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ChatGPT chief urges AI regulation in US Senate testimony

May 16, 2023

OpenAI CEO Sam Altman said that AI will "address some of humanity's biggest challenges, like climate change and curing cancer," but admitted he was "anxious" about how it could change the way we live.

OpenAI Ceo Sam Altman raising right hand before testifying to US Congress
OpenAI Ceo Sam Altman testified to US Congress, discussing regulatory models for AIImage: Elizabeth Frantz/REUTERS

Sam Altman, chief executive of the OpenAI firm that developed ChatGPT, called for state regulation of artificial intelligence in Tuesday testimony to US Congress.

ChatGPT is a chatbot tool that answers questions with human-like responses.

OpenAI was founded by Altman in 2015. It has developed other AI products, including the image-maker DALL-E.

Altman's testimony comes a week after two European parliamentary committees voted in favor of draft legislation that aims to set up rules around AI.

What did Sam Altman say?

"As this technology advances, we understand that people are anxious about how it could change the way we live. We are too," Altman said.

"OpenAI was founded on the belief that artificial intelligence has the potential to improve nearly every aspect of our lives, but also that it creates serious risks," Altman told a Senate judiciary subcommittee hearing.

 Altman said that he believed that generative AI will one day "address some of humanity's biggest challenges, like climate change and curing cancer."

How much energy does it take to run ChatGPT?

"We think that regulatory intervention by governments will be critical to mitigate the risks of increasingly powerful models," he said.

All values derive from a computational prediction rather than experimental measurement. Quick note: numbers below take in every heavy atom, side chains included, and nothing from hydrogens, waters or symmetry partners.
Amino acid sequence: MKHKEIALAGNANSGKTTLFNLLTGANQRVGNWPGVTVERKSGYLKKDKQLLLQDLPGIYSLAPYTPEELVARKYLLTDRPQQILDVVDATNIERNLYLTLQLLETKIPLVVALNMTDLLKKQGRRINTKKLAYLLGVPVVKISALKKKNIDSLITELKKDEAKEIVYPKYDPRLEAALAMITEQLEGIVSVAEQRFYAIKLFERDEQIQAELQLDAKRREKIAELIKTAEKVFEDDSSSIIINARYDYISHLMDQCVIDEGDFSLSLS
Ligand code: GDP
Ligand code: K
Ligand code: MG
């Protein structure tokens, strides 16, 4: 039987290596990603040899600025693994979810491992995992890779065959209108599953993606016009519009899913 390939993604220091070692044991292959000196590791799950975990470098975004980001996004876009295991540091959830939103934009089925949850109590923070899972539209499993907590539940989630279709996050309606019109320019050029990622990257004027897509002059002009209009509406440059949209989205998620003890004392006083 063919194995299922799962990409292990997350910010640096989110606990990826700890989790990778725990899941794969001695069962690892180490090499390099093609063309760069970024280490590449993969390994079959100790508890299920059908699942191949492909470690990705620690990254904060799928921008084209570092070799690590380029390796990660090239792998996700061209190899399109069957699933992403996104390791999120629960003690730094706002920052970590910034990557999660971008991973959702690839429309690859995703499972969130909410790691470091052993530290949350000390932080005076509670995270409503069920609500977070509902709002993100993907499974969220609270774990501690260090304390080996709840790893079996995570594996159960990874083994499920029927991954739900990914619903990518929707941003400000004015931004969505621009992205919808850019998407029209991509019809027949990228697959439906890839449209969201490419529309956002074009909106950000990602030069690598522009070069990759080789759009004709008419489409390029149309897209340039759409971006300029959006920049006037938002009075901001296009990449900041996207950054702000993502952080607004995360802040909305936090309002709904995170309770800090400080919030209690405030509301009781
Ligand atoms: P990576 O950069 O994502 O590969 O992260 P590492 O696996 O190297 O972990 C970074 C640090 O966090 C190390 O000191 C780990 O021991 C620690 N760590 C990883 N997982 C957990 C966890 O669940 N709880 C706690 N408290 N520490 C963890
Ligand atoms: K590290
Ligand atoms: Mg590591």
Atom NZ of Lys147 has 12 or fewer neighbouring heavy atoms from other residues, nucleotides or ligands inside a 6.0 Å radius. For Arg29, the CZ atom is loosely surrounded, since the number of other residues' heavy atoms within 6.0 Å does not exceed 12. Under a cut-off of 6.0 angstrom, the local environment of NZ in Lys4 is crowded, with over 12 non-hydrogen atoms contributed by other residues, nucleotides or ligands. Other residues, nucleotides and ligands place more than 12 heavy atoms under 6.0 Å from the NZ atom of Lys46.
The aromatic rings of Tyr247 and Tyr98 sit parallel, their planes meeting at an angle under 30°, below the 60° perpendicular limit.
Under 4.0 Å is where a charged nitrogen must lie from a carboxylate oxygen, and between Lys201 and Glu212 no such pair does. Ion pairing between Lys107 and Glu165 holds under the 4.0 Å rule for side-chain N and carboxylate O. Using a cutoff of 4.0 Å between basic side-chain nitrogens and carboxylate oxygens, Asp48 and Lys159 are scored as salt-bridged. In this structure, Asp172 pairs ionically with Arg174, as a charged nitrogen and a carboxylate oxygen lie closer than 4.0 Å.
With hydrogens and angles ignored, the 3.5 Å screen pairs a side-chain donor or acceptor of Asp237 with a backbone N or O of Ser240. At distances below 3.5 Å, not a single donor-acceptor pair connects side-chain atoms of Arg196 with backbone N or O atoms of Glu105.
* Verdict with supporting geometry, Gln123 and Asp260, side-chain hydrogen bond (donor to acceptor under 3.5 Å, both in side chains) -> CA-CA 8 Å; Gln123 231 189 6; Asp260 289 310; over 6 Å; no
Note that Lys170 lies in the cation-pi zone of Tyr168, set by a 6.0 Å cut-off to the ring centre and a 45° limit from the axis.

Altman proposed regulations that would include a combination of licensing and testing requirements before AI models are released. He also suggested labelling and an increase in global coordination.

 "I think the US should lead here and do things first, but to be effective we do need something global," he said.

Altman argued that a new regulatory agency should impose safeguards that would block AI models that could "self-replicate and self-exfiltrate into the wild."

Congress raises concerns around AI misuse

Subcommittee chairman Richard Blumenthal opened the session by playing a recording of an AI version of himself reading out a text created by ChatGPT.

Blumenthal said that artificial intelligence technologies "are more than just research experiments."

"They are no longer fantasies of science fiction, they are real and present," he said.

"What if I had asked it, and what if it had provided, an endorsement of Ukraine surrendering or (Russian President) Vladimir Putin's leadership?" the lawmaker asked.

Blumenthal proposed that AI firms be obliged to disclose known risks before releasing new systems.

The lawmaker also expressed concerns on how AI could disrupt the job market.

sdi/jcg (AFP, AP)